I'm no longer sure who broached the subject of the midday meal first, but I do know it was my uncle who suggested trying out "that new restaurant over in North Towanda."
When questioned about the "new restaurant", he couldn't quite remember the name of it, but remembered it sells hamburgers. "King, something," he tells us.
Burger King. That new restaurant that's already been there for half a decade, at least. But then, Uncle Francis is in his early 70's, so I suppose a five-year span is a drop in the bucket to him.
He drives (another story entirely!) and parks beside the door to Burger King. The three of us troop in, my husband and I already knowing what we want from past visits to other versions of the franchise. But this is Uncle Francis' first time, so we expect him to head to the counter and read the menu hanging above.
Except he doesn't. He stands looking at the tables and booths as if waiting for something. It takes us a moment to realize he expects a waitress to seat us. My husband and I exchange a look and Steven points to the menu board. "We order here and then take it to a seat," he explains.
Casting a dubious look at what, to him, is a mass of written chaos, he finally presses at twenty-dollar bill into Steven's hand. "I'd like a cup of coffee and a hamburger." He turns to me and says, "Where do I sit?"
Hiding our indulgent grins at his discomfiture in a simple fast food place, Steven goes to order and I take him to a table. I gather napkins and ketchup for the fries and "set the table" as if this were the type of restaurant he's more familiar with. Steven returns with our food and we eat the same way we sat in the house - in silence.
Our visit that day lasts several hours and on the way home, we're both in agreement: Uncle Francis hated his trip to the "new restaurant." So you can imagine our surprise when, several months later, we make a return visit and the first thing he asks us (after the pleasantries, of course) is, "Are you going to take me to Burger King again? I really liked that hamburger."
Upon questioning, we discover he hadn't been since our last visit. Why? The ordering was too overwhelming. He'd found a new way that was too much for him. As Toffler would say, he'd reached his Future Shock moment.
And what is that? Future Shock is the stress or disorientation that occurs as a result to too much change too fast (Toffler, 2). For my mother-in-law, that was trying to download new books onto her Kindle or to keep the TV on the right setting. For my uncle, it was the newfangled restaurant, Burger King. For both, the future had invaded their lives and upended their abilities to handle what, to the younger generation, were simple tasks that we took for granted everyone knew how to do.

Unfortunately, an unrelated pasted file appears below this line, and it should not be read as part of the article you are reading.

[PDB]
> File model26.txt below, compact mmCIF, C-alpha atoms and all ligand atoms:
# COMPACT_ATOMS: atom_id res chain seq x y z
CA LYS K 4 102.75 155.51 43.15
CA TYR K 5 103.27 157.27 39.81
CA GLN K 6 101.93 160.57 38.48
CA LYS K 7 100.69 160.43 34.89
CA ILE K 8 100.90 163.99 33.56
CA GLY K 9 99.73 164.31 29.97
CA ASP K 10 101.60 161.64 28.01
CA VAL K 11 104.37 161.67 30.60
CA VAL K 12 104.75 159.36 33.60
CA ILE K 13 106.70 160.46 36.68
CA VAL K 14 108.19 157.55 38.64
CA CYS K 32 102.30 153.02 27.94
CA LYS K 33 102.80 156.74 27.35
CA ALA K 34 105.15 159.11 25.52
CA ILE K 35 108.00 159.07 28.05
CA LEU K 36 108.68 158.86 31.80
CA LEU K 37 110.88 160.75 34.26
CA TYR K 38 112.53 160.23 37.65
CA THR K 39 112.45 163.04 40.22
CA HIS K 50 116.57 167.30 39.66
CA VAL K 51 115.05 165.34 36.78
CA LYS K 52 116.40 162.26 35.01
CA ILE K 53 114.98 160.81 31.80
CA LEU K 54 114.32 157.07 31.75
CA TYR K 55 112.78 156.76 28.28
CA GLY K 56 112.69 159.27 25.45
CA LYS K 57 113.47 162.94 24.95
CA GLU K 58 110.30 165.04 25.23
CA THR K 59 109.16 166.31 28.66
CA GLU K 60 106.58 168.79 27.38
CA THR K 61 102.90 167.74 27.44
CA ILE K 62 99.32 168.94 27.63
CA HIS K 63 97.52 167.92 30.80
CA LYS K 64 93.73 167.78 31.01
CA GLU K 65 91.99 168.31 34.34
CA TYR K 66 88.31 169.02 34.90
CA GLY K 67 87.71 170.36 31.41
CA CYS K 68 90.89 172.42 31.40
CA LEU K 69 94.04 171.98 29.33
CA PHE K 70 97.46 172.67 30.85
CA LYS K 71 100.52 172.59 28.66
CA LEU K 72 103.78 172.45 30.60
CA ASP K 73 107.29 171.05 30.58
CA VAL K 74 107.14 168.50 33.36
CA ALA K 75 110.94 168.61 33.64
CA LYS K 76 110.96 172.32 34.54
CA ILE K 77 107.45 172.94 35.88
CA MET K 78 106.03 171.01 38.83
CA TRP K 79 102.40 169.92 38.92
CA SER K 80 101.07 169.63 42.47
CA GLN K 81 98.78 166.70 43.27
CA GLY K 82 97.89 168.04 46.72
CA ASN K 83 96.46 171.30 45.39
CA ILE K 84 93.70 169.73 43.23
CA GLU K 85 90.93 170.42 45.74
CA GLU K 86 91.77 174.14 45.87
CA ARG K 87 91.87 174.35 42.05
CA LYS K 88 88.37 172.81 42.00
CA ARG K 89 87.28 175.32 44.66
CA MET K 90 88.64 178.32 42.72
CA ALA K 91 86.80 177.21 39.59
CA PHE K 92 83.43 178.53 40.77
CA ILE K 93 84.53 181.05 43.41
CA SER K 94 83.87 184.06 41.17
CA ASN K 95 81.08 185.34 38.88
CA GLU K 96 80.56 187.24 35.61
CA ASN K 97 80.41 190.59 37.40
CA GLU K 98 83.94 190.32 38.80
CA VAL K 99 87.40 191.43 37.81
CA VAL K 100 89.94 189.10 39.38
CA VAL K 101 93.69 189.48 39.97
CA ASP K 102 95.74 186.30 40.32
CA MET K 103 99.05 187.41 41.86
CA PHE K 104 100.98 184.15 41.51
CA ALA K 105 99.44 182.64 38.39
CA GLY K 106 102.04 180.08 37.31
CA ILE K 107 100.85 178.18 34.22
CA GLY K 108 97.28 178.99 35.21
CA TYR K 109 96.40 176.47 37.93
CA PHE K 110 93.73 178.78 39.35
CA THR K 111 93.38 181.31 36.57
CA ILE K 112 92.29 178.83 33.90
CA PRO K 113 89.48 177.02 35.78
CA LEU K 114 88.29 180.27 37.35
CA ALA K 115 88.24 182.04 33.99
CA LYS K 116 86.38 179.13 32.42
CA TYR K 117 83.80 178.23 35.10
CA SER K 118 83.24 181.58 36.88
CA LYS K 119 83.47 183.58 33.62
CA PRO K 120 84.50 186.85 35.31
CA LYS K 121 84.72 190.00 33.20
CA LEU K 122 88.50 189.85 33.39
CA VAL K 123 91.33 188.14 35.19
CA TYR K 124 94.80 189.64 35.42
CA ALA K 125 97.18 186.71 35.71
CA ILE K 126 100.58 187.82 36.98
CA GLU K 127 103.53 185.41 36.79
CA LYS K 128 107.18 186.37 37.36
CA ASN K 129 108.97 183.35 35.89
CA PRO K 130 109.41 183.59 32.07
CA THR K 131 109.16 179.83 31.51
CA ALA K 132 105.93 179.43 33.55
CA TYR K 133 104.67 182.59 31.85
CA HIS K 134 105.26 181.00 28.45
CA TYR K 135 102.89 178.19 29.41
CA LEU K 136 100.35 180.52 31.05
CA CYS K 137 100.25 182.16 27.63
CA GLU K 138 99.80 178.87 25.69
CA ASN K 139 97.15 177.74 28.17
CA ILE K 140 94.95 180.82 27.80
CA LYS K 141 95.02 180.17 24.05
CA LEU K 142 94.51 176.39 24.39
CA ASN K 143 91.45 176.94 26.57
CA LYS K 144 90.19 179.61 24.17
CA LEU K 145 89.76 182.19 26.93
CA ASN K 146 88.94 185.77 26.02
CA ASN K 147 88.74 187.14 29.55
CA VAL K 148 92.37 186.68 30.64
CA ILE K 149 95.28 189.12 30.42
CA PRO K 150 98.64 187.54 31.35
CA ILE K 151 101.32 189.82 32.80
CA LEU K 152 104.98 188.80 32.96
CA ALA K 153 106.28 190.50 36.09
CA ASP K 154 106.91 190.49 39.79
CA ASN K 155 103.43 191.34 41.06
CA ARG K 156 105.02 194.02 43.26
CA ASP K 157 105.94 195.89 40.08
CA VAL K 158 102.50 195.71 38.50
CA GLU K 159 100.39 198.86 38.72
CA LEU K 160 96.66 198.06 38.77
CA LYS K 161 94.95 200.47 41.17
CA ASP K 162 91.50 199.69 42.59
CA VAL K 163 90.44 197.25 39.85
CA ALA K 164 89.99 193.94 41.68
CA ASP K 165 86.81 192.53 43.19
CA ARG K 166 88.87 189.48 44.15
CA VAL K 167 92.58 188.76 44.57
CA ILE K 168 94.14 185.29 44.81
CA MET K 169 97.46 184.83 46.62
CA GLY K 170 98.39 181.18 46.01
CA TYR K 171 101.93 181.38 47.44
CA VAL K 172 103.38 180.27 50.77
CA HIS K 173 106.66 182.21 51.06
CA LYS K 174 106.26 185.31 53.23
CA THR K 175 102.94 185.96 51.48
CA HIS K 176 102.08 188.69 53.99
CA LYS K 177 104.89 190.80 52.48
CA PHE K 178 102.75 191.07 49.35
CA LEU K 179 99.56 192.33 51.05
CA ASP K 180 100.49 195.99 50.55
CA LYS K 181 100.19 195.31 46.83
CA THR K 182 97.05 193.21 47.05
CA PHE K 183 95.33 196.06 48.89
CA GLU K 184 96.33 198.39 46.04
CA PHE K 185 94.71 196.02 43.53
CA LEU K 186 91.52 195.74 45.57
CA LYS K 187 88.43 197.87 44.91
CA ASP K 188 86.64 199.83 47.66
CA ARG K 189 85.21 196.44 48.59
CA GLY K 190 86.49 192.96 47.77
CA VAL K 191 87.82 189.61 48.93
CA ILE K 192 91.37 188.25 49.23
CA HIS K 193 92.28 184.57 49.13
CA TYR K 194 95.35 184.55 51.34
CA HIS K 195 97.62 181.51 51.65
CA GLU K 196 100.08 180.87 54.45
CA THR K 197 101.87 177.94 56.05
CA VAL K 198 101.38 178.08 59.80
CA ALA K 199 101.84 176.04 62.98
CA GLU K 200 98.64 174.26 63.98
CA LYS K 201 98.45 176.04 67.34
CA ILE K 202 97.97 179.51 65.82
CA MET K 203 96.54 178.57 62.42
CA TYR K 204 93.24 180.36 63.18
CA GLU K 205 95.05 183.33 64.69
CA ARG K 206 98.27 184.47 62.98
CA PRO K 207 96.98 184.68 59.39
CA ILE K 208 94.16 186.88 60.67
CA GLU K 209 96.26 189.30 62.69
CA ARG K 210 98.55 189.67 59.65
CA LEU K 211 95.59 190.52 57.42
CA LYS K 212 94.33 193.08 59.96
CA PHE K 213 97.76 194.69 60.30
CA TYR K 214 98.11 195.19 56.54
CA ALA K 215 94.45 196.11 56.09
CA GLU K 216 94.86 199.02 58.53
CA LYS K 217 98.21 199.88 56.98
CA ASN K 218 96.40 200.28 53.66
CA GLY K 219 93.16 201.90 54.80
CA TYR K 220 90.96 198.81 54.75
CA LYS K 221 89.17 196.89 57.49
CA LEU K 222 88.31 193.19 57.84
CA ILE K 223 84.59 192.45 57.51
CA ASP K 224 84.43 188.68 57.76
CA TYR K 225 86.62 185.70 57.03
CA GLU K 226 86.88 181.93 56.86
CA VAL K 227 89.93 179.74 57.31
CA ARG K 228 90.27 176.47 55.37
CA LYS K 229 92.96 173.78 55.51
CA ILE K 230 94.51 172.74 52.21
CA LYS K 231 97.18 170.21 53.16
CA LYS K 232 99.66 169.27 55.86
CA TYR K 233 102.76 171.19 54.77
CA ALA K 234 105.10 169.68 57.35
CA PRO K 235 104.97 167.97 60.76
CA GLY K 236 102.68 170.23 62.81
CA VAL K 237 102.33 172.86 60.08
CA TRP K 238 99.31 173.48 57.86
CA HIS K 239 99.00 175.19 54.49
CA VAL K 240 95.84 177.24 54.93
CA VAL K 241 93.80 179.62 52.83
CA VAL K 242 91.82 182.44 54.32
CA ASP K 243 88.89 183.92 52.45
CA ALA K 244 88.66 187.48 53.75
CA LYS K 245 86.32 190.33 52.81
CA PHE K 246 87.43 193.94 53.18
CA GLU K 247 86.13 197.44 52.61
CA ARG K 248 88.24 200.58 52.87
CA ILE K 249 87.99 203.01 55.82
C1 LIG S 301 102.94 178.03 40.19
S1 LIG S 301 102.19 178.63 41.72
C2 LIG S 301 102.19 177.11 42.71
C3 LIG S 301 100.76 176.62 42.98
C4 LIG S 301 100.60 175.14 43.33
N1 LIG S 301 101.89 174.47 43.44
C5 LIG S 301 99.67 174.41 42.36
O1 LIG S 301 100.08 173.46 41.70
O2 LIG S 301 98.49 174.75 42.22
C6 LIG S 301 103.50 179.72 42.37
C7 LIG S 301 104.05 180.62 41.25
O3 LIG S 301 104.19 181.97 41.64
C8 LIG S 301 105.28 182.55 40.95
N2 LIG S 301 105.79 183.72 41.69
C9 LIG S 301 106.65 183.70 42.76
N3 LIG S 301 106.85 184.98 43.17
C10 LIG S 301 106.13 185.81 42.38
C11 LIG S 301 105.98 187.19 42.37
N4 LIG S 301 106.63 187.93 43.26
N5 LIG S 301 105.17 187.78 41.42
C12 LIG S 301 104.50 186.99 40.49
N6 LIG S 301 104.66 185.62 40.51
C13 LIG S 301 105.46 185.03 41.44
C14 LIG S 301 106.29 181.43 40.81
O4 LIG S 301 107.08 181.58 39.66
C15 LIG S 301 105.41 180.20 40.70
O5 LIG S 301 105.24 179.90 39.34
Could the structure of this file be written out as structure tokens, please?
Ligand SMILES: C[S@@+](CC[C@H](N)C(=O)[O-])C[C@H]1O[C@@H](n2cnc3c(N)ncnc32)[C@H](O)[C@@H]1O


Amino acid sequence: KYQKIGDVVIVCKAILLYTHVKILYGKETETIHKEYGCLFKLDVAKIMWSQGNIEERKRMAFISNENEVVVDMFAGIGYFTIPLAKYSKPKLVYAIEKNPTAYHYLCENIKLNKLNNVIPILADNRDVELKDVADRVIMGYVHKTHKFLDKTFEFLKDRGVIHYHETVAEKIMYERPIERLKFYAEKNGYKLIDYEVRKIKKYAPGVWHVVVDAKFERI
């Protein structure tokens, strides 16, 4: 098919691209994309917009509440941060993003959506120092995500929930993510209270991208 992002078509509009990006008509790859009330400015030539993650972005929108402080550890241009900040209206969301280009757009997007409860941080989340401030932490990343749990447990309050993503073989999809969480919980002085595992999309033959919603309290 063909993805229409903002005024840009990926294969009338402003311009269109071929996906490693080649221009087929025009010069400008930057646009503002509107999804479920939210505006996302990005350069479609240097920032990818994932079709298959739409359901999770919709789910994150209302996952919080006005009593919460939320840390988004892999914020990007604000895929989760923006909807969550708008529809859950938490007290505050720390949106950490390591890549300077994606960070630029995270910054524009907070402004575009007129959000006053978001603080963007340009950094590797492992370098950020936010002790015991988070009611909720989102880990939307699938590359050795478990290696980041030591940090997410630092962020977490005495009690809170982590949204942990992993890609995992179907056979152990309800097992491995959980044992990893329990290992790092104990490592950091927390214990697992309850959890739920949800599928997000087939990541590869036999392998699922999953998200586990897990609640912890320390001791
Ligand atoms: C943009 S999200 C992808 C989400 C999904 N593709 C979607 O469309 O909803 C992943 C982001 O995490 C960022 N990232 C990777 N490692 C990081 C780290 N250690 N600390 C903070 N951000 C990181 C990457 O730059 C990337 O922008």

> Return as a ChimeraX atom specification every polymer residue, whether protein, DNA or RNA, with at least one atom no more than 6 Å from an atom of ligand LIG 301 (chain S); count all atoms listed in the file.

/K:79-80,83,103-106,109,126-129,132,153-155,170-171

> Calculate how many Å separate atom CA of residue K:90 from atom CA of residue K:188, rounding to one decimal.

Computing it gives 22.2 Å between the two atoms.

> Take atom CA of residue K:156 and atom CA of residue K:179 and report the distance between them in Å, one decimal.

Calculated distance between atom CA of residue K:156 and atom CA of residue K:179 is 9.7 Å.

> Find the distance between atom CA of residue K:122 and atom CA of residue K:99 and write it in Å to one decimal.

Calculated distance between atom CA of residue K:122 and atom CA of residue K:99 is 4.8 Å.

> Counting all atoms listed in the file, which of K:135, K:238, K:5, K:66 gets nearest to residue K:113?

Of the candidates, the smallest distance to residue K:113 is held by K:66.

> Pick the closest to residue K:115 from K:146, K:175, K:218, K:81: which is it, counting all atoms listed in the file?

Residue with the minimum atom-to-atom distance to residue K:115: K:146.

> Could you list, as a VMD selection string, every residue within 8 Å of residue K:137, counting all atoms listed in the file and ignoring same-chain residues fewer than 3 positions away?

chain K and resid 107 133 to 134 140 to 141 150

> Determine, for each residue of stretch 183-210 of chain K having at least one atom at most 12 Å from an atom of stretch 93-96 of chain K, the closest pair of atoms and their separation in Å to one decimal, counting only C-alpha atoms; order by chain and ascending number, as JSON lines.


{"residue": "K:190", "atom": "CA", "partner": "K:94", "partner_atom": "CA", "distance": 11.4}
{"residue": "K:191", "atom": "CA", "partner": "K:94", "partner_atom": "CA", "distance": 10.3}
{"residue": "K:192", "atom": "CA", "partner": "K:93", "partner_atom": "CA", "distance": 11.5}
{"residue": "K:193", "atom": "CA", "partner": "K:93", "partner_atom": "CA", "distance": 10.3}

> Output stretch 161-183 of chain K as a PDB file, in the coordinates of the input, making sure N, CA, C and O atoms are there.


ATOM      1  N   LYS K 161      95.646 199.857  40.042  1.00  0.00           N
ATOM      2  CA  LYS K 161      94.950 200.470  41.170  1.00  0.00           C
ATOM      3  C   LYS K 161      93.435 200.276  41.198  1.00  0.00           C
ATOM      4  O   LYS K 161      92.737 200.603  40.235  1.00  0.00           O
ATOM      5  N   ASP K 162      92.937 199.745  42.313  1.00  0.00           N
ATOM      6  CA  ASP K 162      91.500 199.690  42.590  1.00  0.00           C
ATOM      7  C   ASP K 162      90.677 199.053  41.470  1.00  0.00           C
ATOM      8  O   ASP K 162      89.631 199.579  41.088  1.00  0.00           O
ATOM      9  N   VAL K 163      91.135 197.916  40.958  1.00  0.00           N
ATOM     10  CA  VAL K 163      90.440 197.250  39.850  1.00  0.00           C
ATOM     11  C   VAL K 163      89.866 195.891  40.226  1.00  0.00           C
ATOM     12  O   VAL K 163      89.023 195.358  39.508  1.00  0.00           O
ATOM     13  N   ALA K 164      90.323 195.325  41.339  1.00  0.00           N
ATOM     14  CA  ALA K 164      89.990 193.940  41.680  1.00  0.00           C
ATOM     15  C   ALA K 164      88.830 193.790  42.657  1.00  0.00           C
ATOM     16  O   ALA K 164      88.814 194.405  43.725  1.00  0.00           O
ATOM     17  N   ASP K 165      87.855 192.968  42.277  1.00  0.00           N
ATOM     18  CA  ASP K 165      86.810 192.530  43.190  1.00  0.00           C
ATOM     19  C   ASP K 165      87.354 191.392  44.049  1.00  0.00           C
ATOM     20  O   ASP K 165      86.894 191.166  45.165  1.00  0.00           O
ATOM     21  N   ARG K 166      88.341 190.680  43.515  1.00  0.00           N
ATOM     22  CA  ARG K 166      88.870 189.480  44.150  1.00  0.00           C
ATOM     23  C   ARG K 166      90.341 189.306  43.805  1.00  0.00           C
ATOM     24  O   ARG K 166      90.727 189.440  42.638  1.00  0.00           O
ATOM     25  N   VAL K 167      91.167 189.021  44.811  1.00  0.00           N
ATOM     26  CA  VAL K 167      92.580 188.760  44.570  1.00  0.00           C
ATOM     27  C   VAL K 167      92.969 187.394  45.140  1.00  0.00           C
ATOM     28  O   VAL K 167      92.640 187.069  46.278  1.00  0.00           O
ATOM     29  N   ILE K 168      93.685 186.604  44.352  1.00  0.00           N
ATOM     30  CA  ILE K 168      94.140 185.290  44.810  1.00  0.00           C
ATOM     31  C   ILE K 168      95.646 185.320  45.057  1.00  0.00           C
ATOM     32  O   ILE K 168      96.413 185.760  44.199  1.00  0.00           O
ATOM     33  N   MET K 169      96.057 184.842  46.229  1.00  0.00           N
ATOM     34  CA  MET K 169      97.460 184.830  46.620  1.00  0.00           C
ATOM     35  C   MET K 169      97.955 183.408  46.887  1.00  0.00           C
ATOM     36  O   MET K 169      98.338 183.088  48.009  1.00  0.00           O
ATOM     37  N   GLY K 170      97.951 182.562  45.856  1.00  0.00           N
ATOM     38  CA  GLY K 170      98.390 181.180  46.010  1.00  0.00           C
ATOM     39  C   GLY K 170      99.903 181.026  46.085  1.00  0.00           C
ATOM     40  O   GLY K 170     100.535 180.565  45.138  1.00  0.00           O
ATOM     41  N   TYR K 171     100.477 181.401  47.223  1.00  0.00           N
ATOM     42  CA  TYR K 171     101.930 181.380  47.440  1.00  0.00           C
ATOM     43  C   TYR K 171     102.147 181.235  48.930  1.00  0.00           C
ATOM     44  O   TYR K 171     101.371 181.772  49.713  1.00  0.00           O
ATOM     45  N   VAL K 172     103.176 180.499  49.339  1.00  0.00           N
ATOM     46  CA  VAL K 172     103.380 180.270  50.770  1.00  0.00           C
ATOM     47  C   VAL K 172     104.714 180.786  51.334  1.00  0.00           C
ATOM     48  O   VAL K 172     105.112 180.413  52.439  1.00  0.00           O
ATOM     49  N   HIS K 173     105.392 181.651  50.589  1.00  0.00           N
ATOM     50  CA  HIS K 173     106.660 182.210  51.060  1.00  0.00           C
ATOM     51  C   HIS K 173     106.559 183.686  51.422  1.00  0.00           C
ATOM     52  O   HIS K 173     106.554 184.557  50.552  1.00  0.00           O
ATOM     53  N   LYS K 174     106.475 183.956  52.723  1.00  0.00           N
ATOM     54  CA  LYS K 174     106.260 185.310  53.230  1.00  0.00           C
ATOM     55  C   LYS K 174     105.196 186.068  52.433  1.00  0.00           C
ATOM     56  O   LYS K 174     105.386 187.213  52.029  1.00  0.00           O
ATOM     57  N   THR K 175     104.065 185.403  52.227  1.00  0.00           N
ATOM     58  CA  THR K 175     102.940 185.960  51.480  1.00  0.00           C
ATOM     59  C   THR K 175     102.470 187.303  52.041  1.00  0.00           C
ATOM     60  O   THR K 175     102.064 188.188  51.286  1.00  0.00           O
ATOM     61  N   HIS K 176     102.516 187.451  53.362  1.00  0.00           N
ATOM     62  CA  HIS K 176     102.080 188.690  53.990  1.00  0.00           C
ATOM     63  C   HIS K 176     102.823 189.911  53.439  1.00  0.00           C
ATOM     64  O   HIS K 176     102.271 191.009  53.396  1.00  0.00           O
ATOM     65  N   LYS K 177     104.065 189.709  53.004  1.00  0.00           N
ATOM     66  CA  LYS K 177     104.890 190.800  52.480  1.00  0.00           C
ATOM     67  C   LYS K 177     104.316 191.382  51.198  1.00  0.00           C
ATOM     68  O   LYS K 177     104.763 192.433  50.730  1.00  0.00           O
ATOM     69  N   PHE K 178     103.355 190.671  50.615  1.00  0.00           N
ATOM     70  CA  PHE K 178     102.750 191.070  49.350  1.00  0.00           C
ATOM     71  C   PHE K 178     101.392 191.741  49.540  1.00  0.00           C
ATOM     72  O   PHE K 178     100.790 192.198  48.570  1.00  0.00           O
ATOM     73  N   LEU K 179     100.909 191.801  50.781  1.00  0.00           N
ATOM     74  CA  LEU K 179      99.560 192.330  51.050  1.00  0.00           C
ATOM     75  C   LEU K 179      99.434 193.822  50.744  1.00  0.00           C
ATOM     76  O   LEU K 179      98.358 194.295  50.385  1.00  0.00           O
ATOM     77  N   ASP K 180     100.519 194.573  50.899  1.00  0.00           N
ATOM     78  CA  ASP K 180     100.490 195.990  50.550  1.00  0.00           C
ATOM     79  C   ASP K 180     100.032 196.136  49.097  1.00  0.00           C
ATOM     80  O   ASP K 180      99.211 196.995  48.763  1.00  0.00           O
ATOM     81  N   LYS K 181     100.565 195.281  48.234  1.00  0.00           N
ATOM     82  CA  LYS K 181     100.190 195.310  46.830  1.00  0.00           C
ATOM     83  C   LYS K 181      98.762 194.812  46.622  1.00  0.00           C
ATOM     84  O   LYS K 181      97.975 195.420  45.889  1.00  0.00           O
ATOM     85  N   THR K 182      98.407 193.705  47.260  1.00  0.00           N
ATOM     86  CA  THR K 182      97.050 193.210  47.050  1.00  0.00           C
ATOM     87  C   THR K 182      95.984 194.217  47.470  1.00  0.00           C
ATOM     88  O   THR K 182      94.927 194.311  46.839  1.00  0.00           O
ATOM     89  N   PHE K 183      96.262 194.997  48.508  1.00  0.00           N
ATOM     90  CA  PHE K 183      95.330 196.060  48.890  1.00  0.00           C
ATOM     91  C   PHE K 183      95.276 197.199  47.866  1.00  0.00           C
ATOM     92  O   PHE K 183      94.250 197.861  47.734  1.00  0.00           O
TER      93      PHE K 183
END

Except they didn't. The older generation has a difficult time in adapting to the fast pace of today's technological upgrades. Someday, I'll be the one stuck, unable to move past my own Future Shock moment and my children will exchange indulgent glances behind my back. I just hope they have patience for me every time I utter the words I heard so often from Nina: "How am I supposed to do that again?"

Works Cited


Anderson, Monica, and Andrew Perrin. "13% of Americans Don’t Use the Internet. Who Are          They?" Pew Research Center RSS. Pew Research Center, 07 Sept. 2016. Web. 22 Sept. 2016.

Fry, Richard. "Millennials Overtake Baby Boomers as America's Largest Generation." Pew Research Center RSS. Pew Research Center, 25 Apr. 2016. Web. 22 Sept. 2016.

Toffler, Alvin. "Introduction." Future Shock. New York: Bantam, 1970. 1-2. Print.

Sunday, October 02, 2016

Promise for Now Available Again!



PROMISE FOR NOW, formerly a Quickie with Ellora's Cave Publishing, is once again available for purchase. Yay!

I had fun writing this one (okay, so I have fun writing them all. Otherwise, what would be the point?). Brian and Carol, the two protagonists are not based on any particular person, but their houses are. I have friends who used to live in the suburbs and, when visiting them one day, this story popped into my head. Inspiration can come from anywhere!

Click on the picture or use this link to read an excerpt or to purchase. Available in all formats!

Play safe,
Diana

PS. The rights of several of my books previously published by EC have returned to me. My goal is to republish one a month. Watch for a boxed set in November!  ~ Diana

Sunday, September 11, 2016

The obituary I should've written